Legislative Updates

From the monthly archives: January 2020

We are pleased to present below all posts archived in 'January 2020'. If you still can't find what you are looking for, try using the search box.

Impeachment Update:

 

Despite the continuously moving timeline on impeachment, Speaker Nancy Pelosi is expected to meet with her caucus today to discuss the next steps in terms of sending the impeachment articles to the Senate. Once this is done, it will set off the trial in the Senate that should conclude by next month. With Majority Leader McConnell in full control, there remains no indication that the president is in any danger. Expect the President to be acquitted of the two impeachment articles that were passed in the House.

ABC PAC Portal Information:

 

Please note that the password has changed to an evergreen password:

ABCPAC As you know, there is now an online contribution portal for ABC PAC. To access the contribution portal, PAC.ABC.org. For more information on the portal and how to use it, please see the one-pager on national connections. This new website allows ABC members whose companies have given Prior Authorization to make fast, secure, and FEC compliant decisions about supporting ABC PAC.

 

PRO Act Update:

  House Democrats are pushing for a floor vote on the ABC-opposed Protecting the Right to Organize Act. While a vote likely won’t come until after the Martin Luther King Day recess, the bill currently has 218 cosponsors (a majority of the House) and it would be expected to pass if put on the floor. The provisions below are only some of the several of the bad provisions that the PRO Act contains. Recently, these were poll-tested by GS strategy Group for CDW, the ABC-led coalition that is leading the fight against the PRO Act. Repeal all state-passed right-to-work laws Limit an employer’s communication with employees about a union trying to organize that workplace Require companies turn over sensitive employee records, like cell phone numbers and home addresses to union organizers Limits the right to a secret ballot for union elections in favor of systems where a person’s vote is public Limits the ability of individuals to work as independent contractors Allows unions to strik ...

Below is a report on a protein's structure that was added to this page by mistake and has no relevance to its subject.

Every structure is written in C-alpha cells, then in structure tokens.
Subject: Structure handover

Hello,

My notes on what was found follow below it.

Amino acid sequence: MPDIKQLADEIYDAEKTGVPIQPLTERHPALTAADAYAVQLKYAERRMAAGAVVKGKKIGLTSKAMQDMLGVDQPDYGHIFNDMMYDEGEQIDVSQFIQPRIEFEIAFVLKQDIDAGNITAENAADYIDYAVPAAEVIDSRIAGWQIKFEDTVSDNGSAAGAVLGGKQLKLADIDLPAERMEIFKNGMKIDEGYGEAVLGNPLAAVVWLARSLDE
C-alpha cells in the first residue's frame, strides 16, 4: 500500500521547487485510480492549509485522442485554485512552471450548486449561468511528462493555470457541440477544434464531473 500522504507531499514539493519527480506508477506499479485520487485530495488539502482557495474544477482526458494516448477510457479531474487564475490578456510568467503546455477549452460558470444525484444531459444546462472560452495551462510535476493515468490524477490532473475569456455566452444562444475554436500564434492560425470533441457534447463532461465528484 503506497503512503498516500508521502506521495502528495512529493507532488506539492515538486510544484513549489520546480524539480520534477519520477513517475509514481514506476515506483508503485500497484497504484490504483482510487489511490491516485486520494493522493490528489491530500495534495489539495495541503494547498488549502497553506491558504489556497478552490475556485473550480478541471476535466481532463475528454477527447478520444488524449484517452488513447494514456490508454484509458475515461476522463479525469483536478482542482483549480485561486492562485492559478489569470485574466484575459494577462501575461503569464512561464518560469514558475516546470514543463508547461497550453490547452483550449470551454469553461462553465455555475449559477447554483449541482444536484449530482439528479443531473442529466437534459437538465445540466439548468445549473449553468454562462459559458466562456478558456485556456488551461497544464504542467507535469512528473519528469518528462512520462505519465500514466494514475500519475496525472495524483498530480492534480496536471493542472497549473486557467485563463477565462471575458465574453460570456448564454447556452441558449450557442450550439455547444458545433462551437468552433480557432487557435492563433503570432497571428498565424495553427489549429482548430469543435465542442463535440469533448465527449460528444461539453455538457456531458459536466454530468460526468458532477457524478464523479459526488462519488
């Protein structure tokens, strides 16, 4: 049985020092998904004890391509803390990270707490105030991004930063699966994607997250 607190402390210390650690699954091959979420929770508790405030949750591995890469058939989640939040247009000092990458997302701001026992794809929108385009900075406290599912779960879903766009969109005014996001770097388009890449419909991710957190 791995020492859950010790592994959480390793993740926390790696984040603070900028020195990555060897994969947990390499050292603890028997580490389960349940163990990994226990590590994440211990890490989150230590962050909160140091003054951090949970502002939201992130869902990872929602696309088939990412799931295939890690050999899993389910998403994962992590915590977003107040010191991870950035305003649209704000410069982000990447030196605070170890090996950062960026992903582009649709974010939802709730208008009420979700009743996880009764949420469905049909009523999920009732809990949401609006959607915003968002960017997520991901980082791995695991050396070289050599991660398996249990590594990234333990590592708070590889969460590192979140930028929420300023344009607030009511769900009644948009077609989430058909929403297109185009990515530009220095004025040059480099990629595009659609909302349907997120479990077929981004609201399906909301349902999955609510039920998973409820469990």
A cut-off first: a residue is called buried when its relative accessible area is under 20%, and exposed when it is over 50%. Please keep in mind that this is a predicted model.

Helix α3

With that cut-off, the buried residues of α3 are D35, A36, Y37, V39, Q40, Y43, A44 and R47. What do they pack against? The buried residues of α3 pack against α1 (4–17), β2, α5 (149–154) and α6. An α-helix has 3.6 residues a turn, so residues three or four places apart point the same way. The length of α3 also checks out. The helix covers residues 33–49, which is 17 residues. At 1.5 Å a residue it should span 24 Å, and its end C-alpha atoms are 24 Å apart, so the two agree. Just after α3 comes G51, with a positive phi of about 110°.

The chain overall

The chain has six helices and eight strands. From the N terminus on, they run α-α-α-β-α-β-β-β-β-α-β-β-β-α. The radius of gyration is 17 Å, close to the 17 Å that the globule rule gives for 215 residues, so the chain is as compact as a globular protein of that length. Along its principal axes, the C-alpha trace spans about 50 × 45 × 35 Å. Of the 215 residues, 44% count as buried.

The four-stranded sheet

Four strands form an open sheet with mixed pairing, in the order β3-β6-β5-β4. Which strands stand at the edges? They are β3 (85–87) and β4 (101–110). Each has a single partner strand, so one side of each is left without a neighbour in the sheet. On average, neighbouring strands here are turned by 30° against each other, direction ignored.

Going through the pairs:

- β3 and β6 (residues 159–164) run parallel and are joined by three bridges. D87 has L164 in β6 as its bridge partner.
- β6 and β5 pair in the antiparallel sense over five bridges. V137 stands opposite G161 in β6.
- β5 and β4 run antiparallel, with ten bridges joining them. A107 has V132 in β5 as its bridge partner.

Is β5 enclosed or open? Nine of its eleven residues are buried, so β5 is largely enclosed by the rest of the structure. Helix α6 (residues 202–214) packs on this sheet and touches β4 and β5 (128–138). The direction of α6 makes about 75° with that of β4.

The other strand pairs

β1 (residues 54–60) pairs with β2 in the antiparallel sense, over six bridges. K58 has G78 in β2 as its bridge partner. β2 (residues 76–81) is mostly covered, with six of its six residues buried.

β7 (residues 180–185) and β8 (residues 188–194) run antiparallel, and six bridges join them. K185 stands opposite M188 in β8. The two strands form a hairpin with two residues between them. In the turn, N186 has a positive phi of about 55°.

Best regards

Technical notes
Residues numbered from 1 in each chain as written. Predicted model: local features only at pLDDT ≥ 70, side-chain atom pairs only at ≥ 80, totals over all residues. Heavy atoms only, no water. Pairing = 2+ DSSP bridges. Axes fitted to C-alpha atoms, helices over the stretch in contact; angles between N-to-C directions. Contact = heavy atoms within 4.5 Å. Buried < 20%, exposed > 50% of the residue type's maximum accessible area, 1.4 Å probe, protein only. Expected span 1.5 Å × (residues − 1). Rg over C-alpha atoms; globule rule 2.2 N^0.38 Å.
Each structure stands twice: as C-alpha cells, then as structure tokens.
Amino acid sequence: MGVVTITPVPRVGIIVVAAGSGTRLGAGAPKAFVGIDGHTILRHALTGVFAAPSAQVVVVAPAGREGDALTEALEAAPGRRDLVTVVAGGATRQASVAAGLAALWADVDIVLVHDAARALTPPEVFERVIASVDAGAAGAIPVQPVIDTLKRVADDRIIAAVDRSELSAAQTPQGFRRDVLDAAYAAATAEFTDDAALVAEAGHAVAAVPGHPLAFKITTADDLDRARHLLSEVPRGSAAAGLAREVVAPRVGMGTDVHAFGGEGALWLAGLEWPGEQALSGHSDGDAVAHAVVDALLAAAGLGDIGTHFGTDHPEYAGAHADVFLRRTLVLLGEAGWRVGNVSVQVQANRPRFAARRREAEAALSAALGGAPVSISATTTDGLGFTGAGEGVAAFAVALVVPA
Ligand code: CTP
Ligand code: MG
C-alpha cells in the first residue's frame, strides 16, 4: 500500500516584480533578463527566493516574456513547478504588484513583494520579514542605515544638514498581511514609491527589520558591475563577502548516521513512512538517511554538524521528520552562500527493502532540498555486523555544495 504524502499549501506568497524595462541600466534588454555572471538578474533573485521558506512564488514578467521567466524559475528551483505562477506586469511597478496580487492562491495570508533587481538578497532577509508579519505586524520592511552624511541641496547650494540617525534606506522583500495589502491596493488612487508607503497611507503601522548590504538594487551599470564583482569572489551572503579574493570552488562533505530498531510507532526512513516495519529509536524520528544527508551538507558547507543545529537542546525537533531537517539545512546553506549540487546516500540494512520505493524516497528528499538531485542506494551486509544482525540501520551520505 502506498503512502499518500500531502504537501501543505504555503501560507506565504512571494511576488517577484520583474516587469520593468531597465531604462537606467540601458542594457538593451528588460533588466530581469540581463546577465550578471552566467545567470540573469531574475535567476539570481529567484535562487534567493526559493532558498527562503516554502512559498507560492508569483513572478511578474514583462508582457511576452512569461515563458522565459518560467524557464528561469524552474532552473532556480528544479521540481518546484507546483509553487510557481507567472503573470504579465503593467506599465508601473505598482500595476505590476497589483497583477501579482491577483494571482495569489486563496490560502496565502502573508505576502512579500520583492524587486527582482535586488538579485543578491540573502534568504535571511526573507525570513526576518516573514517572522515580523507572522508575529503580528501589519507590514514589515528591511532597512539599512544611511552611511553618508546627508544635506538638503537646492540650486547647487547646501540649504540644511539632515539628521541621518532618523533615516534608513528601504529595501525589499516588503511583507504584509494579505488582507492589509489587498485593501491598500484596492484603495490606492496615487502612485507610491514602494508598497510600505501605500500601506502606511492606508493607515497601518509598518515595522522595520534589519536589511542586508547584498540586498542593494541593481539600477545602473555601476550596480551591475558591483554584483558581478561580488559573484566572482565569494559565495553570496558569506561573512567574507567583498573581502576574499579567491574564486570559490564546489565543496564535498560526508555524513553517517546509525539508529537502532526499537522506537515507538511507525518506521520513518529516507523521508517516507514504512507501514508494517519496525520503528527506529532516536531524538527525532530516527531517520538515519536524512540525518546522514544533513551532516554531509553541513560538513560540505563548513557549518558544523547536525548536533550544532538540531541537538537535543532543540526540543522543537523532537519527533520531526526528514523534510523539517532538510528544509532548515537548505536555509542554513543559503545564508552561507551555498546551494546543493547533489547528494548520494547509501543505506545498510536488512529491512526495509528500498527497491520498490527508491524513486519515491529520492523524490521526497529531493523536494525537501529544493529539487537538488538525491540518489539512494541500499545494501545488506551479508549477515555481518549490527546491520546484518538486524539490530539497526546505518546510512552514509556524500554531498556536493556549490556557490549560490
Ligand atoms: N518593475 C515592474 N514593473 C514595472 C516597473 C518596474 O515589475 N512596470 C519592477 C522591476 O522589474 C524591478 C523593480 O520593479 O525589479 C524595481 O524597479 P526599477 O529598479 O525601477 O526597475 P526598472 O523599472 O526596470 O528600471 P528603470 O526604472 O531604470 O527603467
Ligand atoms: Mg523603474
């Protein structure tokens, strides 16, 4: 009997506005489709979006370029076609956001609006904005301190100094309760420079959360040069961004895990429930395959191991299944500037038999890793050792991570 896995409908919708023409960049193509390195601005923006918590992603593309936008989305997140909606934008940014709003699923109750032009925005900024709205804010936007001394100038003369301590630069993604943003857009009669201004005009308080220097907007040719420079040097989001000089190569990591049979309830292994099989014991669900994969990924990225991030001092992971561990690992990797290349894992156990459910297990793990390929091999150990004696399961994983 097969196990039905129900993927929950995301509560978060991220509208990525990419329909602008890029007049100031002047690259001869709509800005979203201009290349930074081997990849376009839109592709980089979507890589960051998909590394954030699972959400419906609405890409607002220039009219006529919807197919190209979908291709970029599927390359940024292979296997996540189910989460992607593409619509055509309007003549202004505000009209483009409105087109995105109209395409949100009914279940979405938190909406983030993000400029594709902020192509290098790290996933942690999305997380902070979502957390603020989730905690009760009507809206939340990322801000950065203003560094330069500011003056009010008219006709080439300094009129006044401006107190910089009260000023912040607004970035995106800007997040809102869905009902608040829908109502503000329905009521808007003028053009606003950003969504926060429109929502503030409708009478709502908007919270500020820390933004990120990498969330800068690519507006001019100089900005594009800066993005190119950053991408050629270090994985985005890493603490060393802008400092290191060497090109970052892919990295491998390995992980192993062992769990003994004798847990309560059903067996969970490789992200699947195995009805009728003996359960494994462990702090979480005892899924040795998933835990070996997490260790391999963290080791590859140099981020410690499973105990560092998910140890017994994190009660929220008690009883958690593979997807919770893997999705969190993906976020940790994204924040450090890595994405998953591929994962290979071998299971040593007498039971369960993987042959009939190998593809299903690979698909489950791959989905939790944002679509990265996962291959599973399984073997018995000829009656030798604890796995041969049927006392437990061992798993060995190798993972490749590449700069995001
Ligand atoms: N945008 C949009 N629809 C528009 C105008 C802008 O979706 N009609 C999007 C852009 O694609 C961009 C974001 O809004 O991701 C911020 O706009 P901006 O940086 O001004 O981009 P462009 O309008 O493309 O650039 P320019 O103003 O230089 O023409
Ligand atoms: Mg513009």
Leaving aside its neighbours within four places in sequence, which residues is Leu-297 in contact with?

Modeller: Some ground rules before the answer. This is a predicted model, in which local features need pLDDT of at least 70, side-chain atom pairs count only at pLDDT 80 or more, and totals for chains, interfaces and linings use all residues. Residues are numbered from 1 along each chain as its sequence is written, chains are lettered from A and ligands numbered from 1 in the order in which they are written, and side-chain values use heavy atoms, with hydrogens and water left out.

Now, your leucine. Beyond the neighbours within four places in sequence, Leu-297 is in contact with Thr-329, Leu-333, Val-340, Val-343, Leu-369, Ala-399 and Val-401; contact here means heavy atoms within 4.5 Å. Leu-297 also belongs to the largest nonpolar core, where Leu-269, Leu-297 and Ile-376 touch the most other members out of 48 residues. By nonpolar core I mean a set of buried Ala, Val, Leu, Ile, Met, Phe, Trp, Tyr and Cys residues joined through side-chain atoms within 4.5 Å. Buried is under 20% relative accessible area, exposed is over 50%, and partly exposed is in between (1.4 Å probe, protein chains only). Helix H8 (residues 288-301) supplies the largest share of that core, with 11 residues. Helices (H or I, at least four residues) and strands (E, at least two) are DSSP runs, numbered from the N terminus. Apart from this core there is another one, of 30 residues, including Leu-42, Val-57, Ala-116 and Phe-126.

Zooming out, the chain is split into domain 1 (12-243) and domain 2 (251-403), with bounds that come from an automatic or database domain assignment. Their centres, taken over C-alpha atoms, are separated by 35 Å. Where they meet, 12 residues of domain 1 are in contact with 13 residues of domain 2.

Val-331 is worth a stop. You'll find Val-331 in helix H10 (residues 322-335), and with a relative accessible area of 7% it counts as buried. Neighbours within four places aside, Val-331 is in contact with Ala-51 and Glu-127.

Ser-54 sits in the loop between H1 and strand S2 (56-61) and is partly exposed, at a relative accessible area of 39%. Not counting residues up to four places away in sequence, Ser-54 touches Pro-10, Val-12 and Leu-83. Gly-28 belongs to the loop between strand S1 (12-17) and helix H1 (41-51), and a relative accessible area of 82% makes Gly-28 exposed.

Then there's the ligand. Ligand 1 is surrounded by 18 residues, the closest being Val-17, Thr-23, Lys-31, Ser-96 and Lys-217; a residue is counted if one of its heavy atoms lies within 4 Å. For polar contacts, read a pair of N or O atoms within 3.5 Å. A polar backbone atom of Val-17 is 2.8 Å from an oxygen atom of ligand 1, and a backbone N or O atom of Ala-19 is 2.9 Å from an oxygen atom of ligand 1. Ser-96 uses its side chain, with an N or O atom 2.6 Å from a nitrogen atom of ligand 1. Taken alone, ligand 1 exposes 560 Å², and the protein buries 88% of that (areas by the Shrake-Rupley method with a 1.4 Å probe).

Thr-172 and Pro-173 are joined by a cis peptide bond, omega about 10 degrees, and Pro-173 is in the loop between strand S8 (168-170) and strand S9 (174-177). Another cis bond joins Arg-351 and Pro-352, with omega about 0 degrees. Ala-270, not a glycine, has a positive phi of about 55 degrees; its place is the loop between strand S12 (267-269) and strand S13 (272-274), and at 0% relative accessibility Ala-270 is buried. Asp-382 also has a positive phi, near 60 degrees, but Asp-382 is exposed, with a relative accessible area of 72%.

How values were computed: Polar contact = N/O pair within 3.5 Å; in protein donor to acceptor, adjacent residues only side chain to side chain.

DOL Joint Employer Rule:

 

On Sunday, the Department of Labor released the final version of the Trump administration's long-awaited joint employer rule, and while the NRLB is expected to finalize a similar rule under the National Labor Relations Act, and the EEOC is set to propose its own rule clarifying when a company should be classified a joint employer under federal employment discrimination law, this is a major victory for the business community. The final rule uses a four-part test to determine whether a business is jointly liable for minimum wage and overtime violations. The test weighs whether the business, with regard to its franchisee or contractor, maintains the power to hire and fire; to supervise schedules and 'conditions of employment'; to set pay, and to keep employment records. The final rule is expected to be published in the Federal Register on Jan. 16 and will go into effect 60 days after publication.